In the women’s movement in the 1970s, people started to talk about working “double shifts”, which meant that they first had their usual paid work. When they got home, there was time to start their second shift, with all the unpaid work, such as picking up at the kindergarten, shopping for food, making dinner, washing clothes and so on. Today, this type of homework is much more evenly distributed between women and men, especially in the Nordic countries. But now the gender equality researchers have discovered what they call a “third shift.” Some refer to it as “emotional work”. It has got to do with the organisation of family life. In contrast to more specific housework such as laundry and cooking, is not registered in surveys on equality. But it still fills most women’s time and not at least: their heads:
You know: “I have to remember that Maja needs new slippers. What size is she wearing now? Did we get that costume for the carnival? And remember that cake for Sunday, which has to be gluten-free. Doesn’t her hair looks a bit greasy? I have to ask her to shower tonight. And to give my condolences to the neighbour, who lost his mother. Do we have sunscreen? The kids have to write a wish list for Grandma. Which house in Harry Potter does Thomas belong to? Was it Gryffindor? No, it was Hufflepuff…”
And so on and so on. This invisible work of love goes on all the time, and if the family fails at these tasks, it is usually the women who struggle with the bad conscience.
A few months ago, it was widely reported in the media that the countries that were the most successful in their handling of the pandemic, had one thing in common: they were led by women. Whether this was a coincidence or not is difficult to know, but there is no doubt that some of the countries that were the least successful are all led by men — macho men.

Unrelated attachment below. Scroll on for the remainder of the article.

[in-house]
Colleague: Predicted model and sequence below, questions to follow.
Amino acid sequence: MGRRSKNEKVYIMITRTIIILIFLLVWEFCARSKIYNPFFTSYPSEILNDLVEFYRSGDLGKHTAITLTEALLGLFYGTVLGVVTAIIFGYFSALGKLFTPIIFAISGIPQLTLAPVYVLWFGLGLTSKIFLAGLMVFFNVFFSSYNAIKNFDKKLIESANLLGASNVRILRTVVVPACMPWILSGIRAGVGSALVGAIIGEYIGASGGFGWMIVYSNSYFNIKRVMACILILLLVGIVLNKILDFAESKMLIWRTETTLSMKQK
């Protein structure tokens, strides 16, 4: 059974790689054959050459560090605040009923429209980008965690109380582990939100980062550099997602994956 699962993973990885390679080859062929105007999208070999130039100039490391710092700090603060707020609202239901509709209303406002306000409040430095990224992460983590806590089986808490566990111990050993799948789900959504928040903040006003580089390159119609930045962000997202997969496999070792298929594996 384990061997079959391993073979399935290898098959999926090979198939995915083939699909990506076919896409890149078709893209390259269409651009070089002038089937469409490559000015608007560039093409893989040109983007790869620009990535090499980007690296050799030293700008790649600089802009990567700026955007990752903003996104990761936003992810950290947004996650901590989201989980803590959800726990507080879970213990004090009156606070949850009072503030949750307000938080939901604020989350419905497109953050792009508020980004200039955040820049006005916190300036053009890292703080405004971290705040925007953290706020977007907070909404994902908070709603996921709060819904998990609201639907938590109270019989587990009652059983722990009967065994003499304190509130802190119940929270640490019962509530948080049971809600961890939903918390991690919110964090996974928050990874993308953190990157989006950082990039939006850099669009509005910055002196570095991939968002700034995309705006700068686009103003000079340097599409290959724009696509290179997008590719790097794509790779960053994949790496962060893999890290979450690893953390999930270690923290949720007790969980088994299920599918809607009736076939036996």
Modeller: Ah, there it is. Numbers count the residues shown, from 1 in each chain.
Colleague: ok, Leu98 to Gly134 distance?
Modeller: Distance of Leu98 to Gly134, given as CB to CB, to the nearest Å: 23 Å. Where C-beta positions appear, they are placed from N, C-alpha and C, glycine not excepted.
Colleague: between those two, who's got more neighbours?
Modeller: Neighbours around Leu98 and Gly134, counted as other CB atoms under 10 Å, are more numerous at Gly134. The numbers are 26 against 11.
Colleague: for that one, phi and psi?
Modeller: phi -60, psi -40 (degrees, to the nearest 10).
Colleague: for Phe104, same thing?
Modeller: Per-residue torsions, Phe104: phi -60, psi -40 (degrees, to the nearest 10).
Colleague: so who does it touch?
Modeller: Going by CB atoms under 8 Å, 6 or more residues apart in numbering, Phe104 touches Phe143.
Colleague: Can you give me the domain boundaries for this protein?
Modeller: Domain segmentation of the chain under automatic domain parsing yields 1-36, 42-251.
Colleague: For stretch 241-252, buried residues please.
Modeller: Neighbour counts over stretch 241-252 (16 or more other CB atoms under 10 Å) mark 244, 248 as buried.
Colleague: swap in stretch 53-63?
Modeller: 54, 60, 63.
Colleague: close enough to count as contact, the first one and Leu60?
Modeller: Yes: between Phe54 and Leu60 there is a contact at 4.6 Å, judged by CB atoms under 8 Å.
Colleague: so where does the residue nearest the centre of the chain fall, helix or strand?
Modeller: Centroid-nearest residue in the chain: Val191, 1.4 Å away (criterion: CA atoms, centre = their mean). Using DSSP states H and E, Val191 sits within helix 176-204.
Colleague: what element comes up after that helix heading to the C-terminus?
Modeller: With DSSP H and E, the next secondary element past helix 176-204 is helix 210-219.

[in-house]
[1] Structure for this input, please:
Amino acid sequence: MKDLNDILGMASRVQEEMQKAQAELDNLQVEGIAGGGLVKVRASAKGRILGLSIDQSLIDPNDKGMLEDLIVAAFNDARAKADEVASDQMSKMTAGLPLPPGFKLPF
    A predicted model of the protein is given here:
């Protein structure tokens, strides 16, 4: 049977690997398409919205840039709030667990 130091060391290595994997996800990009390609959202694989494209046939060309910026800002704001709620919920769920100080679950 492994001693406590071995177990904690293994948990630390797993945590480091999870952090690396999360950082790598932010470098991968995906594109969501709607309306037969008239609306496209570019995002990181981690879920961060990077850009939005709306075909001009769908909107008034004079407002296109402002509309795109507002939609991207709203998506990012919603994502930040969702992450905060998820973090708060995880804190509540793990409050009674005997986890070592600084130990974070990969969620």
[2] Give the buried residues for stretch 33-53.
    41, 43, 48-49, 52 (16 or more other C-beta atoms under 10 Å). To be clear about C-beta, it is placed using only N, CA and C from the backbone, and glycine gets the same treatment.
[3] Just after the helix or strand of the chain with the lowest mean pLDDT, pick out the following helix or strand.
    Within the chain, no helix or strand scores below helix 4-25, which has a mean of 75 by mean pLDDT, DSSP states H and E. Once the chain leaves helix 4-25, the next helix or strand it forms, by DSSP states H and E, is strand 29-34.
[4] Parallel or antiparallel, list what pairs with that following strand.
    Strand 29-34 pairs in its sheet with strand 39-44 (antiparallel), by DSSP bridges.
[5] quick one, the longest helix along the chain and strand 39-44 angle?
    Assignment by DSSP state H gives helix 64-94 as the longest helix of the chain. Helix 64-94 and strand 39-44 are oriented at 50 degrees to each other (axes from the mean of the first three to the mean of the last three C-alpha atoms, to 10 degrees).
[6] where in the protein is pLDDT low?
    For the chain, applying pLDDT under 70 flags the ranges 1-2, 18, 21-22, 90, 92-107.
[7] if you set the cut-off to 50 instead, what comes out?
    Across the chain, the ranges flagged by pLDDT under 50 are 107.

Many patriarchal leaders have simply closed their eyes to the pandemic and denied that the virus even exists. Some have even denied that they have been infected themselves. Brazil’s president, Jair Bolsonaro, insisted on calling covid-19 a harmless cold, while his own countrymen died in great numbers. Some of the world’s worst dictators have helped spread the disease through their passivity. They are blaming each other, the West, China and the WHO. Politicians like these are terrified of losing face, and they associate the disease with shame and weakness. They only want to deliver good news which proves their own excellence as leaders.
Unfortunately, it seems that these types of politicians are advancing internationally, and we have seen several examples of them trying to exploit the crisis to promote a more conservative family ideal. Europe’s right-wing populists are actively working against feminism, against kindergartens, against gender research and against what they call “LGBT ideology.” It is therefore crucial that we feminists work together across national borders and that we see each other. Because we have nothing to fear and everything to lose.
Marta Breen is a Norwegian journalist and author of non-fiction with a particular focus on women, including female artists, music groups, and women in media and in history. She is a freelance journalist for NRK and other Norwegian journals, and a regular columnist in Dagsavisen, where she regularly writes about feminism.